Sailboats come in all shapes and sizes. To the uninitiated, telling one from the other can be a bit of a challenge. The main distinctions are based on mast placement. There are six main categories used by Naval architects to determine a boat’s classification:
With variations in rigging and sails, dozens or even hundreds of combinations are used throughout the world.
Here are the six main categories of sailboat rigs, from most common to least, according to Jordan Yachts.
1. The Sloop is the most common sailboat.
The most common (and most popular?) design among modern sailboats is the sloop. A sloop has a mast positioned about one third of the way back from the bow of the boat.
The sloop is typically easier to sail, with a simple sail plan that works well with the wind.
2. The cutter is often mistaken for a sloop.
With its single mast, the cutter is easy to confuse with a sloop. The mast is slightly aft, or closer to the rear, in position. The difference can be so slight that without a plan of the boat, it is hard to determine a cutter from a sloop.
The biggest difference is in the size of the foretriangle. The distinction is often made by the presence of a “jibstay” a cable that runs from the rear of the boat to the top of the mast.
3. The Ketch has an added mast.
The Ketch has two masts, of differing height. The main mast is in approximately the same location as a Sloop’s, about a third of the way back from the prow of the boat.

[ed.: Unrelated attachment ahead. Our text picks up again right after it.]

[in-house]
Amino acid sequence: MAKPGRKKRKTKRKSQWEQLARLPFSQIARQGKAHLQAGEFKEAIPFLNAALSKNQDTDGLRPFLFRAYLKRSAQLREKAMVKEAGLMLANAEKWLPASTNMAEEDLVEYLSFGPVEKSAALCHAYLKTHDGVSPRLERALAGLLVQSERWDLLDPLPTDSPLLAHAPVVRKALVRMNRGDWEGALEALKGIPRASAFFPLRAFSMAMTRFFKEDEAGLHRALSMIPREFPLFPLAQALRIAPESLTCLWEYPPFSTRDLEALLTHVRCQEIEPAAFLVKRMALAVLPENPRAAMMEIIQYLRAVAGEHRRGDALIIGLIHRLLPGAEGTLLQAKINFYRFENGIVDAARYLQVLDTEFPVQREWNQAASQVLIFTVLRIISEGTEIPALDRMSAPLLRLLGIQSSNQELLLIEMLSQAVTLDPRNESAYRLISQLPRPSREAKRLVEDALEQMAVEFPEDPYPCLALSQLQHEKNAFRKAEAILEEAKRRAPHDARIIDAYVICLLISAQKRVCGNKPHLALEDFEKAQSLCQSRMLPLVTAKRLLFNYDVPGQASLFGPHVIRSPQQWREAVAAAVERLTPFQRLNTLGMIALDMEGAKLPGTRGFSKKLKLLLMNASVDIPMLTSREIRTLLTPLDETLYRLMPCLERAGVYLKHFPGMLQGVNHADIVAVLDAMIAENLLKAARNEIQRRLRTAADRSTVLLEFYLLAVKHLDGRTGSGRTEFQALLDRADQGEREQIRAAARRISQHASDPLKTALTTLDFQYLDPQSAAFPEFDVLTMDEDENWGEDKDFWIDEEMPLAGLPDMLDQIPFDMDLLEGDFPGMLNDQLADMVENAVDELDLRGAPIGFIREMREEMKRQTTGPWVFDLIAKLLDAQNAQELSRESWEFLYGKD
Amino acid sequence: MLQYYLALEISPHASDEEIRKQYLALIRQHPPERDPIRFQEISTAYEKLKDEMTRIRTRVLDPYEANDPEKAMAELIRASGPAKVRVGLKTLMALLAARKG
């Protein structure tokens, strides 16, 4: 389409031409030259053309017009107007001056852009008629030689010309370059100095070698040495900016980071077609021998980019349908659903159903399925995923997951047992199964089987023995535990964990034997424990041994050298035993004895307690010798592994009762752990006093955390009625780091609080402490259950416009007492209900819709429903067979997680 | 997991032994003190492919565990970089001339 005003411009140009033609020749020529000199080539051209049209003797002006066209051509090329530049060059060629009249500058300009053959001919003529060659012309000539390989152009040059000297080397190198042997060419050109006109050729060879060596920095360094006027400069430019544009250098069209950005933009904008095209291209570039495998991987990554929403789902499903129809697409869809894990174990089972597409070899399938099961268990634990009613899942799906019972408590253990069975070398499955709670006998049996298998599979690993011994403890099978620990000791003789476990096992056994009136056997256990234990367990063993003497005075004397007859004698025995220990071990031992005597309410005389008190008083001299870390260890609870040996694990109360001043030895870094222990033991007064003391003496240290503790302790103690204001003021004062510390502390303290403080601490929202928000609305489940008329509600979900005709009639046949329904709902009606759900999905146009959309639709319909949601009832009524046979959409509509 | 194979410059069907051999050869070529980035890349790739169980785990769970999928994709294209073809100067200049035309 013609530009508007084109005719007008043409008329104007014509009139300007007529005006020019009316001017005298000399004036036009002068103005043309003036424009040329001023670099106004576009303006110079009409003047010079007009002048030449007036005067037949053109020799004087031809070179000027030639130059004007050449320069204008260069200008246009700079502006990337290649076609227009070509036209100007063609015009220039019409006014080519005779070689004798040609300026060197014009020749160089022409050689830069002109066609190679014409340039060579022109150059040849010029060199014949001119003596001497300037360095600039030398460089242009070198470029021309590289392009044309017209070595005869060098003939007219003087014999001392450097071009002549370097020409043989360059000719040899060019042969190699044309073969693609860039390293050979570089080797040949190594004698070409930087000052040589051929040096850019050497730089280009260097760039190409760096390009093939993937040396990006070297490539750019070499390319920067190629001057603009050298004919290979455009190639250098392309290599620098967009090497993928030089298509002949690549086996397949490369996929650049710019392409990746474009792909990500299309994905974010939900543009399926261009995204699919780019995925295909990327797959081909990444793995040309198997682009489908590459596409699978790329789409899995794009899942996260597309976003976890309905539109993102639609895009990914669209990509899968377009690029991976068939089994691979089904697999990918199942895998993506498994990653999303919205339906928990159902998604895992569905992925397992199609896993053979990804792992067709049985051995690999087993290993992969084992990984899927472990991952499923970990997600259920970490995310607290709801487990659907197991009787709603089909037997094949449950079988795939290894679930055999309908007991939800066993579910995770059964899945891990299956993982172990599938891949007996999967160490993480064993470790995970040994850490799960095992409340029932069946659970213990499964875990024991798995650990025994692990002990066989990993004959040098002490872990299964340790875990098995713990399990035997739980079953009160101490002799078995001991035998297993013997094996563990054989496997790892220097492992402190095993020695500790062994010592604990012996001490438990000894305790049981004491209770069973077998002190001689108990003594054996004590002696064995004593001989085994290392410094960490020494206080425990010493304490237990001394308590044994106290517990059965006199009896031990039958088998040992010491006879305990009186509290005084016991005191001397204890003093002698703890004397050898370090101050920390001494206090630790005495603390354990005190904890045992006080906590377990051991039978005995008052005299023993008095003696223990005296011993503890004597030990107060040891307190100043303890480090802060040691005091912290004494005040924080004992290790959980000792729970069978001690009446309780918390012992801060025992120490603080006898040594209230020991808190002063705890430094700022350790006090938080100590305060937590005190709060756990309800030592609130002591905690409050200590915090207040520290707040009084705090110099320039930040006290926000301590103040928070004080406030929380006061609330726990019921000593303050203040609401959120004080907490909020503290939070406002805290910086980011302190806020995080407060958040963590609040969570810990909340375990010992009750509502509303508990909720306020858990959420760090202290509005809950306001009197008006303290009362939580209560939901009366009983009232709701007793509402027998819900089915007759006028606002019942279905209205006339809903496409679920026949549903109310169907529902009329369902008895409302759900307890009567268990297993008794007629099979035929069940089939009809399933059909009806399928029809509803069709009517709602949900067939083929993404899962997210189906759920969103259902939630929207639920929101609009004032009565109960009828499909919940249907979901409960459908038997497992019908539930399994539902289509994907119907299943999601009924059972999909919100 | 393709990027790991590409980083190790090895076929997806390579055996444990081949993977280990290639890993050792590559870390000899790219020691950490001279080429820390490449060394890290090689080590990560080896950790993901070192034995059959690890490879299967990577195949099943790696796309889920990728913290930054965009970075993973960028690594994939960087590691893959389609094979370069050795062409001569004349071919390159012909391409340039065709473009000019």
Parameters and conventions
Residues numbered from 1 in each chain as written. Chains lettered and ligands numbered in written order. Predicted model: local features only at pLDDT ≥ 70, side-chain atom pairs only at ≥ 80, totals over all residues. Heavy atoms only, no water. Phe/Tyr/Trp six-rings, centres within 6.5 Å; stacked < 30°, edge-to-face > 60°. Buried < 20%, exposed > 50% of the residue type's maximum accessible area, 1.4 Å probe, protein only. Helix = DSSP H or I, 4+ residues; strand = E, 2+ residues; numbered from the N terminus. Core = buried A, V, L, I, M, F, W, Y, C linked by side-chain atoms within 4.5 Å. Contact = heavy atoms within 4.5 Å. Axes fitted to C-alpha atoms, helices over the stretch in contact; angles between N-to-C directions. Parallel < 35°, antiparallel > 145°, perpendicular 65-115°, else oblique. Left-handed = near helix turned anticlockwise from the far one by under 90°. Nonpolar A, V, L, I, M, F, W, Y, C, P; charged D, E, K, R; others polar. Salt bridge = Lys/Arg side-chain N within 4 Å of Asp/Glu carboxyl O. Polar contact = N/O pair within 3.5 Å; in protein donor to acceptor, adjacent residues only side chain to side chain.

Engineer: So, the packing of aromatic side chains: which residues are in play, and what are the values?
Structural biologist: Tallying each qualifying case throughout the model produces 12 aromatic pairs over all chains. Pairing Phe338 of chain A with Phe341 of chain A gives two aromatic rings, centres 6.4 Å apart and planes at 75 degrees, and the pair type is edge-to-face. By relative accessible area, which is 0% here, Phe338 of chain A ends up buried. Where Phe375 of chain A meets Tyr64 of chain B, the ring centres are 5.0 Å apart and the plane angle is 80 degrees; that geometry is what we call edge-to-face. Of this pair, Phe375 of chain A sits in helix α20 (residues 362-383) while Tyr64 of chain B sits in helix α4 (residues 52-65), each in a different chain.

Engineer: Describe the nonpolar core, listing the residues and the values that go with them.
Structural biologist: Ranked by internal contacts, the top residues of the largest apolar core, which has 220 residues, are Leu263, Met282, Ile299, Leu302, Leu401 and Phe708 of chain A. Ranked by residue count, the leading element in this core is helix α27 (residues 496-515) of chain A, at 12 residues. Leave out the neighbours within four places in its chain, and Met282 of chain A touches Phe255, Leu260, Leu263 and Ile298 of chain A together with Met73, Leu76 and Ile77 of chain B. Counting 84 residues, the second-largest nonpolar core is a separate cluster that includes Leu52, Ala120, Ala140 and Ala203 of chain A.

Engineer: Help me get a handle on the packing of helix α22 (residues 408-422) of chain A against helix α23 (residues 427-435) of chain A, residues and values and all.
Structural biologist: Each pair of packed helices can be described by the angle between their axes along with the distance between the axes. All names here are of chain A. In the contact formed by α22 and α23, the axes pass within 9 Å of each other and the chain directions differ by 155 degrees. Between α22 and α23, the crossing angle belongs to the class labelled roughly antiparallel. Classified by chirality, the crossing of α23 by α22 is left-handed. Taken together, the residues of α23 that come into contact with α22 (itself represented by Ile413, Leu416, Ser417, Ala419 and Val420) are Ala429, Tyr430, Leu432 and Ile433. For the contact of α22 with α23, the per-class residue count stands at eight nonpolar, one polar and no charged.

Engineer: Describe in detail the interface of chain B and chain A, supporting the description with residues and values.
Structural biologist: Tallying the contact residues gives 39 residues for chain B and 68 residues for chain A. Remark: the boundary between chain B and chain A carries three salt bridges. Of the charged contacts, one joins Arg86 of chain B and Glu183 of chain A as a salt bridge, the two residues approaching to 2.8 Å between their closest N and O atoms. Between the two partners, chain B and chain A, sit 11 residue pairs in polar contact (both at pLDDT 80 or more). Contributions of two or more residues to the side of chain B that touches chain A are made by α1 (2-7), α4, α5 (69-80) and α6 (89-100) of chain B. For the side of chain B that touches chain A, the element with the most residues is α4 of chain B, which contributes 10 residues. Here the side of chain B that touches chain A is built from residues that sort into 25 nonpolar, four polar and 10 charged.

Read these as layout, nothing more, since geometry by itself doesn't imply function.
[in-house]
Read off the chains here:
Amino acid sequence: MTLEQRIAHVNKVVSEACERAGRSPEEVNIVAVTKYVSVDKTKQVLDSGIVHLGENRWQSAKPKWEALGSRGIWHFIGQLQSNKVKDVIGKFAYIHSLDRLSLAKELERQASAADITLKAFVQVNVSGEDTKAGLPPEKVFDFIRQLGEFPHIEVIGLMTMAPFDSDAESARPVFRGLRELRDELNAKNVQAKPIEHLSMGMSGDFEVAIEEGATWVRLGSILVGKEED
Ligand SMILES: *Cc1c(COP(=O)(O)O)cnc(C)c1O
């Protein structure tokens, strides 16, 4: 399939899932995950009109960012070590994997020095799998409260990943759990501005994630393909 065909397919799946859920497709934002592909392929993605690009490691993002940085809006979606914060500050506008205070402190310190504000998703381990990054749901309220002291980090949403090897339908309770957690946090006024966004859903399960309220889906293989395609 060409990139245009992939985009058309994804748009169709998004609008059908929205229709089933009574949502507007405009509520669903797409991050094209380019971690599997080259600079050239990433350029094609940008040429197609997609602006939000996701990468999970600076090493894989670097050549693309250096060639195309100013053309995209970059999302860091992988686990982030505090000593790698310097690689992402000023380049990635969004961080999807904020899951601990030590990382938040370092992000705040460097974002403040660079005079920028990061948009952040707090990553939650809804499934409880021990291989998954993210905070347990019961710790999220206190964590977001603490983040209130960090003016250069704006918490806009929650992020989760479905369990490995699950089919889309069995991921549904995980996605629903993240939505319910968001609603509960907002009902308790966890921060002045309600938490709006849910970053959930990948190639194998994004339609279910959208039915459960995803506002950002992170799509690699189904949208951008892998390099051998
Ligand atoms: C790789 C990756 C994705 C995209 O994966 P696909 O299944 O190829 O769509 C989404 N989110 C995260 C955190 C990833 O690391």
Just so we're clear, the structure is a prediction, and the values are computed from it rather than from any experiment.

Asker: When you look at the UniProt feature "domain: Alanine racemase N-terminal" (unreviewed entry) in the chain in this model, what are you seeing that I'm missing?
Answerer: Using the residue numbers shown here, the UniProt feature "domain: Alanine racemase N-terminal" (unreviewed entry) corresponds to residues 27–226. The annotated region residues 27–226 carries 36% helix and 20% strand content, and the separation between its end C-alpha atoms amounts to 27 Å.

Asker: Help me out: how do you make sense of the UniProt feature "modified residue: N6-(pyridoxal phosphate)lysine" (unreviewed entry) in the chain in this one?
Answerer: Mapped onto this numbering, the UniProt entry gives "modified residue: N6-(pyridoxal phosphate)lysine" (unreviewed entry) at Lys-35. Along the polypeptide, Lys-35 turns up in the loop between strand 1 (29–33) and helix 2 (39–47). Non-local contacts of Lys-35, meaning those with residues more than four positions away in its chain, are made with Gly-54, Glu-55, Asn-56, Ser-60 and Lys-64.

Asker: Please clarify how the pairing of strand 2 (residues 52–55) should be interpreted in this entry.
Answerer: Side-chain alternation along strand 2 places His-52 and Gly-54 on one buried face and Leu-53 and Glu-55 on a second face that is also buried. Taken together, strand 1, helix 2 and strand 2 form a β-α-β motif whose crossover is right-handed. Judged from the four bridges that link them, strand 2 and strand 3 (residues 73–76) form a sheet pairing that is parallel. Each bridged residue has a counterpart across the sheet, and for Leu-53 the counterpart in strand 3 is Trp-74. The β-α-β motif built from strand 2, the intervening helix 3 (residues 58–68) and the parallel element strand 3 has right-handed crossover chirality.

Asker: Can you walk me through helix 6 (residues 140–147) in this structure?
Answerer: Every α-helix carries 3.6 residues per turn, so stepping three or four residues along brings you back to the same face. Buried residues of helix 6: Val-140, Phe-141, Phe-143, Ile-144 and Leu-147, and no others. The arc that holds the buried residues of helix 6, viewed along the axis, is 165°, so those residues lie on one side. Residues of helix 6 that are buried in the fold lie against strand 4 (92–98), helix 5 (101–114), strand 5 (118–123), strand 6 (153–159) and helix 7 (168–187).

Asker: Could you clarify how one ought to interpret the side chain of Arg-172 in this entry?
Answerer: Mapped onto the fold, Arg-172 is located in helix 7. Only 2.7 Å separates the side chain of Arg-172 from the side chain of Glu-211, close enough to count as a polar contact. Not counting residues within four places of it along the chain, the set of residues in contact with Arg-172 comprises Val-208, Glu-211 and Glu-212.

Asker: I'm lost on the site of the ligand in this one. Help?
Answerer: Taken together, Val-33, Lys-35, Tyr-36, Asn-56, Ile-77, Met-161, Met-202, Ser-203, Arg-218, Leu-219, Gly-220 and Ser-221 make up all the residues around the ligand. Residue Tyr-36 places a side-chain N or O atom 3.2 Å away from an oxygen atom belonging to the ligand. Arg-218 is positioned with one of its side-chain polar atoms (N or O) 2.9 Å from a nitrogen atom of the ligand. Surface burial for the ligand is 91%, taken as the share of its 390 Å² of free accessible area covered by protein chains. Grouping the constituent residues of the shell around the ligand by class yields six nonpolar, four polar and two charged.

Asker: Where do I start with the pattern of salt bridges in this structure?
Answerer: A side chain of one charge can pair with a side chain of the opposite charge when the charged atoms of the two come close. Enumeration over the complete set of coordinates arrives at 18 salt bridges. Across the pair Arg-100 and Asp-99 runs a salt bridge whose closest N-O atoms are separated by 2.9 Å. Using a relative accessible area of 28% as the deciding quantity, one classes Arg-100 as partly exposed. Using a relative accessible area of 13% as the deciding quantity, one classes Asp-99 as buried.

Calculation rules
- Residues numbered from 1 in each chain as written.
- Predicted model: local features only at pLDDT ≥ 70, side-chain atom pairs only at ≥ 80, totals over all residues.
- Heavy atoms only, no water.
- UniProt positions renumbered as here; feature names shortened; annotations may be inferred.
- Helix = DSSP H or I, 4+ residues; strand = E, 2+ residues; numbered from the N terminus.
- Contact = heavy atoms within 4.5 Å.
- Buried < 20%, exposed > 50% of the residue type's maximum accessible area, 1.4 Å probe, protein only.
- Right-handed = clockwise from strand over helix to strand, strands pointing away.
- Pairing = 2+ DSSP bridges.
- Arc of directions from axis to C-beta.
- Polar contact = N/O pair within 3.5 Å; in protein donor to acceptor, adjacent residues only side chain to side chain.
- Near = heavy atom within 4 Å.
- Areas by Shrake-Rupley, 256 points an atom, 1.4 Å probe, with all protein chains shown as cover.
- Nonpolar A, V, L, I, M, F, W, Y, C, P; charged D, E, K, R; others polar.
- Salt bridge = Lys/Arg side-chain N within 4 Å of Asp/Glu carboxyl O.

The Mizzen mast, as the second mast is known, is positioned slightly aft, or behind the main. It is also shorter than the main mast. These two masts and their positions make the Ketch’s sail possibilities very flexible, allowing for sailing in a variety of conditions with relative ease.
4. The Yawl bears a close resemblance to the Ketch.
Much like the Sloop/Cutter dilemma, it is often difficult to tell a Yawl from a Ketch. The mizzen mast is positioned slightly further aft and is typically shorter. Like the Ketch, this means a more versatile sail plan as well.
The Yawl is not typically seen in modern production yachts and is considered an out of date style. The mizzen mast uses smaller sails than on the Ketch, and its position can make it more challenging to maneuver.
5. The Schooner has a romantic charm to it.
Schooners are typically best left to highly experienced yachtsmen. The fore positioned main mast is close to the prow, and the mizzen mast sits just behind the center of the boat in most cases.
Unlike the Ketch and Yawl, the mizzen mast is the taller of the two, which can present challenges as the sails compete for wind. An experienced sailor can get good speed from a Schooner running downwind, since it allows for some unique canvas positioning.
6. The Cat is a simple rig for small boats.
The Cat has a single mast, like the Sloop and Cutter. The mast is positioned close to the nose of the boat to allow room for the boom, if it has one. The Cat is sailed without a head sail and lacks versatility.
Cat rigs are most commonly seen on small boats, such as racing dinghies. It is a good, simple rig for beginning sailors, and some are even simple enough to be solo piloted by young children.